Clarksville, TN – It is a solemn occasion when a nation gathers together to honor its soldiers, those who lived to come home, but even more importantly those who did not. No remains were returned during the previous year, that leaves 30 remaining missing POW/MIA’s from the State of Tennessee. Each one was honored in a ceremony held in front of the William O. Beach Civic Center at Veterans Plaza in Clarksville Tennessee on Sunday evening.
The Vietnam Veterans of America, Chapter 396 holds this Memorial Day Vigil each year to remember the men and women who were left behind in Vietnam when American forces left that country in 1975.The Local vigil was first held in 1989 the same year that Chapter 396 was chartered. They consider it an honored duty to call the roll each year so that these lost bothers and sisters are not forgotten. The first reading contained 43 names on the roster, since then 13 remains have been returned or located. This was their 23rd year performing this solemn duty.
The colors were posted as an honor guard of Montgomery Central High School JROTC. Then a single chair representing all of the POW/MIA’s nationwide was placed in a position of honor before the audience. The Pledge of Allegiance was recited, and a moment of silence was held.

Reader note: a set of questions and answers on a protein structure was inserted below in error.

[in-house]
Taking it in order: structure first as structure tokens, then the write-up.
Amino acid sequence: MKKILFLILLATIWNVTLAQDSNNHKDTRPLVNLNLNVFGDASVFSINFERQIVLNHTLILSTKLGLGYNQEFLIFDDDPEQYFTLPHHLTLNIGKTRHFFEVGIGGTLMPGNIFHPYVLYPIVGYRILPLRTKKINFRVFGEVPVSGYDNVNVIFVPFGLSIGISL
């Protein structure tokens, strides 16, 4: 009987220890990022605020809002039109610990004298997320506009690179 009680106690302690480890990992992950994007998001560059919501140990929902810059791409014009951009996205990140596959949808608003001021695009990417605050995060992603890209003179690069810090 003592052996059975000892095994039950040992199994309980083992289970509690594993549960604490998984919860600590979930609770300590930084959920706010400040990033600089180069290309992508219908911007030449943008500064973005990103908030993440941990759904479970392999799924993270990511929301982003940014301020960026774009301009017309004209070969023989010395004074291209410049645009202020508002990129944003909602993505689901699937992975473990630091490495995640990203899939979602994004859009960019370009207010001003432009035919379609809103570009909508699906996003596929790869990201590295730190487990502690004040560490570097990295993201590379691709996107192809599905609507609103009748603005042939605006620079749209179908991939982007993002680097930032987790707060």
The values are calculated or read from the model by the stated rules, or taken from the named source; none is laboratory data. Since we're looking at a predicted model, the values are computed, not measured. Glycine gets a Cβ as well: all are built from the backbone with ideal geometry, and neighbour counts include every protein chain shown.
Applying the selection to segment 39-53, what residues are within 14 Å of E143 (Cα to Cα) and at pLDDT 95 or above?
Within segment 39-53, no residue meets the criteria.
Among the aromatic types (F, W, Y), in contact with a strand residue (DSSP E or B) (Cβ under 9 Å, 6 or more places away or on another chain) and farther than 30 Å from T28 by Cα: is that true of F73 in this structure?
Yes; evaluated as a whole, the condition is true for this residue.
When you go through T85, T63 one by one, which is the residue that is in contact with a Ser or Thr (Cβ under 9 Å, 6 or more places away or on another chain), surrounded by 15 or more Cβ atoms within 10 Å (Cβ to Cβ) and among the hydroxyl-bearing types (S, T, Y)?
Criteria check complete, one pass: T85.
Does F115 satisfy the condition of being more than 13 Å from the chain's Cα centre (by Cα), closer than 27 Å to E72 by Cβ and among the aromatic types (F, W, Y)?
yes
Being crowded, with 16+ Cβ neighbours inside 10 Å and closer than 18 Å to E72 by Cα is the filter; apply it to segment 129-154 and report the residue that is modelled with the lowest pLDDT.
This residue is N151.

Then Rev. Scott Witt delivered the invocation.
Oh heavenly father creator of all mankind, we thank you so very much for all the good and perfect gifts that you have given us.
We thank you for the gift of this beautiful evening. We thank you so very much for this wonderful land that we have, that we can worship you and your son freely. Thank you for the opportunity that you’ve given us to do that. Oh heavenly father. I thank you so very much for the sacrifices that been made by brave men and brave women, their families, and their loved ones so that we can enjoy these freedoms.
Lord bless this evening, bless all the families whose relatives are still missing! Lord, I pray your blessings and healing for them all. Bless the time that we spend together in Jesus name we pray. Amen!
The guest speaker for this year was U.S. Army Col. (Ret) Tom Denney. Also on hand were Montgomery County Mayor Carolyn Bowers, and her Chief of Staff, Phil Harpel, Clarksville City Mayor Kim McMillan, and her Chief of Staff Bill Harpel, Tennessee State Representative Joe Pitts, Montgomery County Trustee Brenda Radford, Clarksville City Councilman Geno Grubbs, Clarksville City Councilwoman Kaye Jones, and several Gold Star Wives.
“We have with us, members of a very special group some of the Gold Star Wives setting in the audience. We are very appreciative of them and their losses, and we appreciate the message that they carry forward,” said Emcee Gary Ezell.